Name and shame legislation wouldn’t work: Quail


Controversial name and shame laws are being considered by state parliament to reduce anti-social behaviour in youths.

The Prohibited Behaviour Orders Bill is based on a British Act introduced by Tony Blair 10 years ago which is now being abandoned.

The Bill would give magistrates the power to impose orders which could ban repeat offenders from associating with identified persons, visiting specific locations and possessing particular items.

Attorney-General Christian Porter is confident that prohibited behaviour orders would make a difference in WA if they became legislation.

“They are designed as a practical mechanism to prevent further offending by enhancing the capacity of the state to restrict and monitor the behaviour of offenders,” Mr Porter told Parliament.

Minor offences attracting the orders would include graffiti, general damage to property, disorderly conduct, hooning and shoplifting.

The specific details of a PBO would be publishable at the court’s discretion and available for public viewing on a government website.

“The purpose of publication is to enable members of the public to report breaches of a PBO to police,”

Mr Porter said.

It is a violation of international human rights law to publicly name a person younger than 18 in relation to a crime.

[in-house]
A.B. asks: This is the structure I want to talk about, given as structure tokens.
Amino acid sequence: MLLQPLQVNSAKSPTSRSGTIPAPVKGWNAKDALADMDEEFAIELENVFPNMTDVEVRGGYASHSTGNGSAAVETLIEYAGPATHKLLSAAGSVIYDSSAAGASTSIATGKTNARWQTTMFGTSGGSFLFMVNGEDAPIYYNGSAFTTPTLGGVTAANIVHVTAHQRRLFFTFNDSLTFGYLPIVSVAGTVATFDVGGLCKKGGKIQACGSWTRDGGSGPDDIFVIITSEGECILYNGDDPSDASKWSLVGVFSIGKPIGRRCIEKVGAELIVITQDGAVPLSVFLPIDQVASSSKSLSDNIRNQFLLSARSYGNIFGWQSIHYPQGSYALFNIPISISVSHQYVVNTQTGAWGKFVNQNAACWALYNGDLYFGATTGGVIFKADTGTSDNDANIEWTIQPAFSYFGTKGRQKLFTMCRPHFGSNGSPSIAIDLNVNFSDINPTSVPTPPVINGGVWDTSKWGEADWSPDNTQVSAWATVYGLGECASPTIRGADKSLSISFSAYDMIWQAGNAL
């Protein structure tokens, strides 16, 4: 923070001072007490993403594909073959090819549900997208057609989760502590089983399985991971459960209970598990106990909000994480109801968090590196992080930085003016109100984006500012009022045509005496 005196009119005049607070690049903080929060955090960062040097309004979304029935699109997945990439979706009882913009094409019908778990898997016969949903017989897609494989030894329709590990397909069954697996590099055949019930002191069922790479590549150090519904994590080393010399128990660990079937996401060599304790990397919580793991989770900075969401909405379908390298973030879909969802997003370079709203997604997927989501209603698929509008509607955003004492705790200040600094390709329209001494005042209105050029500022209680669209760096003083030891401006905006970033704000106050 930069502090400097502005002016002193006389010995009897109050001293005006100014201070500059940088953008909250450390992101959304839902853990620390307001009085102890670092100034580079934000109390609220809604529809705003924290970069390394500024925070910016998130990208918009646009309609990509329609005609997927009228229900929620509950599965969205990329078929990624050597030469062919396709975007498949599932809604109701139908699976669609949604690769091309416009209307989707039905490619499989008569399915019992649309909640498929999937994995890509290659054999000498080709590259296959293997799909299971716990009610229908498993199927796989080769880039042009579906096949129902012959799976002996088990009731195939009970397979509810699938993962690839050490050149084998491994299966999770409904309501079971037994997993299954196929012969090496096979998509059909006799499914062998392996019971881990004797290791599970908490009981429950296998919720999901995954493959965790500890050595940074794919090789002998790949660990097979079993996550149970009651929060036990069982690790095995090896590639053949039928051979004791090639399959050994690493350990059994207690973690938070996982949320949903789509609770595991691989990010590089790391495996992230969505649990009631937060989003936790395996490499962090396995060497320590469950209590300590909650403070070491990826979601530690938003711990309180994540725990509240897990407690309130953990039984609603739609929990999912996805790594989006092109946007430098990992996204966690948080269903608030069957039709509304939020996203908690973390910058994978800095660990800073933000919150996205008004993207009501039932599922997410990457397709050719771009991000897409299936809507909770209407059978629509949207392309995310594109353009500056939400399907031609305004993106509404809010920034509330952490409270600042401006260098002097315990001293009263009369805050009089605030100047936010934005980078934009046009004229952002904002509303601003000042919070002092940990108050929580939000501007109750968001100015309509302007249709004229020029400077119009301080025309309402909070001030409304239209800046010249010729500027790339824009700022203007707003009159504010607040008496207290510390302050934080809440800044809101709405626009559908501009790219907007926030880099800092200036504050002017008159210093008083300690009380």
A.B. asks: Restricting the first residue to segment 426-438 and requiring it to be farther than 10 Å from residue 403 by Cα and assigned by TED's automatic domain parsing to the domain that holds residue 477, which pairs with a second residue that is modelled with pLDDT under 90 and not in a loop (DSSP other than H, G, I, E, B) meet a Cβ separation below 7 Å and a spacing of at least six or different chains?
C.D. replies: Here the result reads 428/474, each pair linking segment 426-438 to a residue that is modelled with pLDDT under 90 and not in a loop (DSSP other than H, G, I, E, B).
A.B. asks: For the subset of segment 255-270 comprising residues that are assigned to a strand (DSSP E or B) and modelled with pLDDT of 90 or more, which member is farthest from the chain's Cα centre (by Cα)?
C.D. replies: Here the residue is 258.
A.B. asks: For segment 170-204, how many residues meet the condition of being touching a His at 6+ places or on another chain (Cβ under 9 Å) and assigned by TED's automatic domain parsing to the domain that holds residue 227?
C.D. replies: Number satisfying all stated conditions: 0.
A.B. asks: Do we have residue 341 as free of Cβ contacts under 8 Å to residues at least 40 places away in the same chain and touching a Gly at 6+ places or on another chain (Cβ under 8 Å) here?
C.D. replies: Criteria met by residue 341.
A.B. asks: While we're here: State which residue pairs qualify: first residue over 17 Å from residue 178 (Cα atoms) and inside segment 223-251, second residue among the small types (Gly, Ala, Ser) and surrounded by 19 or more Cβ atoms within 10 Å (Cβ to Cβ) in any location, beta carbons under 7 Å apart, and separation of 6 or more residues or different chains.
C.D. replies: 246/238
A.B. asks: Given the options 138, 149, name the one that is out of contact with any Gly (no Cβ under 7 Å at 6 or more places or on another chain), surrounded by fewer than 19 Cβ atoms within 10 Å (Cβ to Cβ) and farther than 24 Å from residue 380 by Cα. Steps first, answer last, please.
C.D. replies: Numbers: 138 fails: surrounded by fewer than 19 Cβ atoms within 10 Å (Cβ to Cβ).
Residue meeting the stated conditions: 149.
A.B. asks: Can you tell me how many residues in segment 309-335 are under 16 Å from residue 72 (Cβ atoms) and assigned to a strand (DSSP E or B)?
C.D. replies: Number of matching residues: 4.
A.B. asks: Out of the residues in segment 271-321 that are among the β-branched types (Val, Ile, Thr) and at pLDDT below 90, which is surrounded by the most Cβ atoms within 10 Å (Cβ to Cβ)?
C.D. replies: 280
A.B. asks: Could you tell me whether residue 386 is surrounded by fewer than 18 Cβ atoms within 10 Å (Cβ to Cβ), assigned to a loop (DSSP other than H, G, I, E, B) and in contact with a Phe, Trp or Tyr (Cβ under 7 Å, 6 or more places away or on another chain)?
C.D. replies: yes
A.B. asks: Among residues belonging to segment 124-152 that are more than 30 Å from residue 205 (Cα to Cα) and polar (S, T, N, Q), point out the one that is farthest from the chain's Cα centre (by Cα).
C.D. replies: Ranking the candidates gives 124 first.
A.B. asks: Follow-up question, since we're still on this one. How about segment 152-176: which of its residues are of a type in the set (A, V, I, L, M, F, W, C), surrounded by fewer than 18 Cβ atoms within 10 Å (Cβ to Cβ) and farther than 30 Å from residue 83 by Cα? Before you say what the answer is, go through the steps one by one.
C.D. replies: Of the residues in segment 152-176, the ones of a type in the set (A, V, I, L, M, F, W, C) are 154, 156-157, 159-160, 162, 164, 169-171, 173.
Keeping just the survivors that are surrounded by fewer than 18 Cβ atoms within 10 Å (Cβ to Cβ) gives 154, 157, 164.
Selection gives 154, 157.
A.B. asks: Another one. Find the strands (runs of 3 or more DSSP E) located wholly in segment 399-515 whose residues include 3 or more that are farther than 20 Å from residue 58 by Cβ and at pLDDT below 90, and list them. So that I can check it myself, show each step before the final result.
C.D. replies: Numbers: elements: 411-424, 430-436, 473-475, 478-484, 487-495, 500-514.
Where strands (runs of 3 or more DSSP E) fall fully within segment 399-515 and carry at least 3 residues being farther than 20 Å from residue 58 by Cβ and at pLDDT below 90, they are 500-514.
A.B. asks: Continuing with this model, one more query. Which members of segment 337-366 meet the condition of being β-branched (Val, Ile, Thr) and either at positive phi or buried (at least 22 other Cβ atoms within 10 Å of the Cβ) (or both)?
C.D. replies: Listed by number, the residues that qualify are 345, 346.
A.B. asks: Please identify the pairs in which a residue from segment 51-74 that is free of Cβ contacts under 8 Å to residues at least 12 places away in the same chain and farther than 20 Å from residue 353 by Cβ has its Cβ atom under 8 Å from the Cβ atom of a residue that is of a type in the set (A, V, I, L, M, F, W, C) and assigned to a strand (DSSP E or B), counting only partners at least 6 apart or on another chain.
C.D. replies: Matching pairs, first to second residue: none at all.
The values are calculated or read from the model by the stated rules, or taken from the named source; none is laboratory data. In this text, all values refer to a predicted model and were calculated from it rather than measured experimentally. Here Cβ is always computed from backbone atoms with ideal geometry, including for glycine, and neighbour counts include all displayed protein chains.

Corrective Services Shadow Minister Paul Papalia said this international law should not be disregarded.

“The naming and shaming of children is offensive and regressive and will undoubtedly draw condemnation from other nations,” Mr Papalia said.

Law Society of Western Australia president Hylton Quail said the new laws would not benefit communities, as Mr Porter has claimed.

“We fear that naming and shaming will promote vigilante responses,” he said.

The breach of a PBO would be a criminal offence and jail and fines would apply.

Maximum jail terms can be issued where a magistrate feels there is an urgent need to protect the community.

Mr Papalia said the Bill would drag scarce police resources away from serious crime.

“It will not stop the negative behaviour being targeted,” he said.

Britain’s conservative government which came to power in May, abandoned the law after reoffending figures revealed it had not worked.

Mr Quail said he feared a similar consequence for WA.

“For recidivist offenders it’s really going to be a badge of honour,” he said.

Published in the Western Independent October 2010

Categories: Politics

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